- Kind: Perfect Bound
- Pages: 192
- Language: English
- ISBN: 1-933675-26-8
“A poet of exquisite formal control, Henry Weinfield writes lyrical and narrative poems that have a rich, sad music for which the ear and the heart hunger. This is a poetry to provoke and console, a poetry that has many roots in the Classical and Hebraic traditions and that combines and extends both in a unique way. His translations are superb, marking a level of achievement above that of all other American translators of European lyric poetry.” —Kevin Hart
“Henry Weinfield’s poems startle us with their formal beauty and mesmerizing cadence. Their intense clarity is at once moving and richly polyvalent. Legacies abound, from the Metaphysicals through Mallarmé and on to Stevens and Bronk. Weinfield writes that “to be is but the form of to desire.” With immaculate diction and often biting wit, these poems exhibit an almost paradisical perfection of that desiring.” —Michael Heller
“Few poets have a mind broad enough and a heart sufficiently large to speak meaningfully to their contemporaries. Even fewer remember their poetic ancestry. Henry Weinfield possesses both these missing qualities. In his poems we hear echoes of voices that sang centuries ago. Homer and the writer(s) of Genesis, Dante, Tasso and Milton, Holderlin, Mallarme, and Eliot. Still he sings in his own voice for our own time.” —Louis Dupré
“Can poetry, ‘Hallowed and hollowed out of emptiness’, still participate in the philosophical quest for a ground of being? The fact that Weinfield even poses such questions indicates how distinct his sensibility is from that of most poets today.” —Norman Finkelstein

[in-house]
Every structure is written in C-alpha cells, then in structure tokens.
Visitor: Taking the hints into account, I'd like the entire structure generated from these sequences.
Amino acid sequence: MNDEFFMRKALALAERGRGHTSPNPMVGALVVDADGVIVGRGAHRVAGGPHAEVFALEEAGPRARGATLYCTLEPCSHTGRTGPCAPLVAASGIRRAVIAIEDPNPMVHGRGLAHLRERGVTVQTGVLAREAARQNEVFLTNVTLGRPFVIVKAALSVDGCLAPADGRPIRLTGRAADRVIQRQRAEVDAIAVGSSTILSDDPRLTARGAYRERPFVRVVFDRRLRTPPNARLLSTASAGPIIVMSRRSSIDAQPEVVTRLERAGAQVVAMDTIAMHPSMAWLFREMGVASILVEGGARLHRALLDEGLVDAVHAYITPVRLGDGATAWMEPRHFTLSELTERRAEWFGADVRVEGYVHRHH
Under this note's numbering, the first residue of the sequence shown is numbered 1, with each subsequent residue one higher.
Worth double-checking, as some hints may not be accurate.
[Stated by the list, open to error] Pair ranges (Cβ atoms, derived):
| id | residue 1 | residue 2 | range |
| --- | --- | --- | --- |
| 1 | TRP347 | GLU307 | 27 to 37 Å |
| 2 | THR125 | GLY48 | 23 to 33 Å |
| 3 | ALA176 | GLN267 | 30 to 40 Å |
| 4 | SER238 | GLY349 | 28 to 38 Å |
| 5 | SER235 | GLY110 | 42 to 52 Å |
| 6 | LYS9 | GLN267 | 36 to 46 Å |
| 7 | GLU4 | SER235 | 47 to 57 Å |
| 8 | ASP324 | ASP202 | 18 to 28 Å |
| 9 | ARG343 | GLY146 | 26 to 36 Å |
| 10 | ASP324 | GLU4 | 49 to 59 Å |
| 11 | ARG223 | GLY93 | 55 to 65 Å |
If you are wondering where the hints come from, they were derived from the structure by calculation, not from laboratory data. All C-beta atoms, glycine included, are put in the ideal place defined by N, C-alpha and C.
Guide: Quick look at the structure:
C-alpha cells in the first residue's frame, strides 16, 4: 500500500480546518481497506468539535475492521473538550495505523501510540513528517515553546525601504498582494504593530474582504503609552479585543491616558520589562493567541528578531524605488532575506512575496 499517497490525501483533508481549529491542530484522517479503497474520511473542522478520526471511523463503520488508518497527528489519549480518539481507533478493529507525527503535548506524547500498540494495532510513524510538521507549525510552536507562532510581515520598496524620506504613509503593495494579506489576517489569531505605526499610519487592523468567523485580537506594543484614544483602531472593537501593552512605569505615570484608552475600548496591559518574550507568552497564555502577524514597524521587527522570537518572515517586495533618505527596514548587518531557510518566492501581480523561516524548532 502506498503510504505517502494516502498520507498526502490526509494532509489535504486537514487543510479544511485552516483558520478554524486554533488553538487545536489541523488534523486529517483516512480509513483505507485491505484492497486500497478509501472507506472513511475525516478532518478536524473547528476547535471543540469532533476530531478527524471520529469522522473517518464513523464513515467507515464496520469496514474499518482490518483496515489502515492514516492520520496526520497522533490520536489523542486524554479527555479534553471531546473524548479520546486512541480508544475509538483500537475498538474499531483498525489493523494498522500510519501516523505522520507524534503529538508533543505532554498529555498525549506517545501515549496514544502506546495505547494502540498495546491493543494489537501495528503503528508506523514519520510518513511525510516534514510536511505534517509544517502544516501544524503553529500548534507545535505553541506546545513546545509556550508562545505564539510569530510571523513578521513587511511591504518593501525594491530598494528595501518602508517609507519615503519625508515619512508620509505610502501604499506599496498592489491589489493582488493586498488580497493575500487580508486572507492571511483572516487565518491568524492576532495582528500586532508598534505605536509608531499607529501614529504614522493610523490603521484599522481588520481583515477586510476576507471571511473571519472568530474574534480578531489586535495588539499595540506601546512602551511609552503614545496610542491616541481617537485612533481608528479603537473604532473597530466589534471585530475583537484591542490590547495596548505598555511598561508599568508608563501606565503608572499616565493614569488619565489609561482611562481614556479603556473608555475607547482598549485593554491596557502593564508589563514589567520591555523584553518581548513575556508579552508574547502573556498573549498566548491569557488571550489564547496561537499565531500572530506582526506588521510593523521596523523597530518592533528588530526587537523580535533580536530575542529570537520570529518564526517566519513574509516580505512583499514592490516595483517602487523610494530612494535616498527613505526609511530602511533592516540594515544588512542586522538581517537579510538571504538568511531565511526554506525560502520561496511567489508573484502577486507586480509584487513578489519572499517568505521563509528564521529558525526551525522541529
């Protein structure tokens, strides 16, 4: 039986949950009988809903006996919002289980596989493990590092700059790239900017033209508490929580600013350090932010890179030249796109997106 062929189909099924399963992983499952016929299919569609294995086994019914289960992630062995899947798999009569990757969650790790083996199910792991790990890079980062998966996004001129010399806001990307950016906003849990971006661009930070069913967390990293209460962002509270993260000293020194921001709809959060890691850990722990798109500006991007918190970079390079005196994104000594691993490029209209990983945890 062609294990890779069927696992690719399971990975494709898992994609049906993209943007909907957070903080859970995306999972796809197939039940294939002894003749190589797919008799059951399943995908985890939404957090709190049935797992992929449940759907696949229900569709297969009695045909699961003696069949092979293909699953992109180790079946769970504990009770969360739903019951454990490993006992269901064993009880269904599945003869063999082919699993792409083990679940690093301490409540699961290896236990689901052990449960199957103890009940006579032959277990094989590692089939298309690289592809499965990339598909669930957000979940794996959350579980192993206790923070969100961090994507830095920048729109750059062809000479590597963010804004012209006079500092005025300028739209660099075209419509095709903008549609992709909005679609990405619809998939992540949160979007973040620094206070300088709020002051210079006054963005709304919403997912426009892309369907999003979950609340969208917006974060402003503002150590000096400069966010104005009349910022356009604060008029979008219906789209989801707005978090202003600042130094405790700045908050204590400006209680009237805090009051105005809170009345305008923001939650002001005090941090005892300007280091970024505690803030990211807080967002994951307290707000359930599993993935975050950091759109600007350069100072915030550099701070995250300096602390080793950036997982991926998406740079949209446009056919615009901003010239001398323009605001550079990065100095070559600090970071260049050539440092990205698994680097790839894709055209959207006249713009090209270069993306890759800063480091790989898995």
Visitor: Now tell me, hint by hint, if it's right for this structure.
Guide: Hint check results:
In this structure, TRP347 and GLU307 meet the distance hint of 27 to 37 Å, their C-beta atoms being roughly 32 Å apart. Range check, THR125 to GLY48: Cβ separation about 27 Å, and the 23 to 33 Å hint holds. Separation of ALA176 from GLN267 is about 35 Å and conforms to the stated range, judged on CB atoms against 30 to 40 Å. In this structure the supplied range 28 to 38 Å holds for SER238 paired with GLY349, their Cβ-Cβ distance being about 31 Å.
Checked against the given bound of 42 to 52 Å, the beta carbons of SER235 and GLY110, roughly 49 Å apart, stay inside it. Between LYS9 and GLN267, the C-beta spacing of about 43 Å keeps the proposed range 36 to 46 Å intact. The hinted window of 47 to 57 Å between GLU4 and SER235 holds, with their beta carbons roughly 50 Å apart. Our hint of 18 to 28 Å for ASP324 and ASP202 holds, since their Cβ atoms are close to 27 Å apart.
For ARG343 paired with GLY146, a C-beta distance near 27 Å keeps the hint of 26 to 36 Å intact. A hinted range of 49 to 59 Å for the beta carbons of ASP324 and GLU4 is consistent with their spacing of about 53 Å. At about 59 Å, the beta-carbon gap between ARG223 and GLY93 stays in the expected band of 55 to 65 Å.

Without mythologies the leaves are blown
Hither and yon, seeds sown and flowers grown:
They do it on their own without mythologies.
Without mythologies they wax and wane,
Neither complain nor hasten to explain,
Since everything is plain without mythologies.
Without mythologies when day is done
Under the sun, songs sung and races run,
A new one is begun without mythologies.
Henry Weinfield is the author of The Sorrows of Eros and Other Poems (University of Notre Dame Press, 1999) and of three other collections of poetry. His verse-translation of Hesiod’s Works and Days and Theogony, done in collaboration with Catherine Schlegel, is available from the University of Michigan Press and his translation of Gérard de Nerval’s sonnet sequence, The Chimeras, with monoprints by the artist Douglas Kinsey, from Spuyten-Duyvil. He is the author of a translation of and commentary on the Collected Poems of Stéphane Mallarmé (University of California Press, 1995) and of a critical study, The Poet without a Name: Gray’s Elegy and the Problem of History (Southern Illinois UP, 1991). His book, The Music of Thought in the Poetry of George Oppen and William Bronk, is forthcoming from the University of Iowa Press,” and he is working on a study of the blank-verse tradition in English poetry from Milton to Stevens. Henry Weinfield is professor of Liberal Studies at the University of Notre Dame.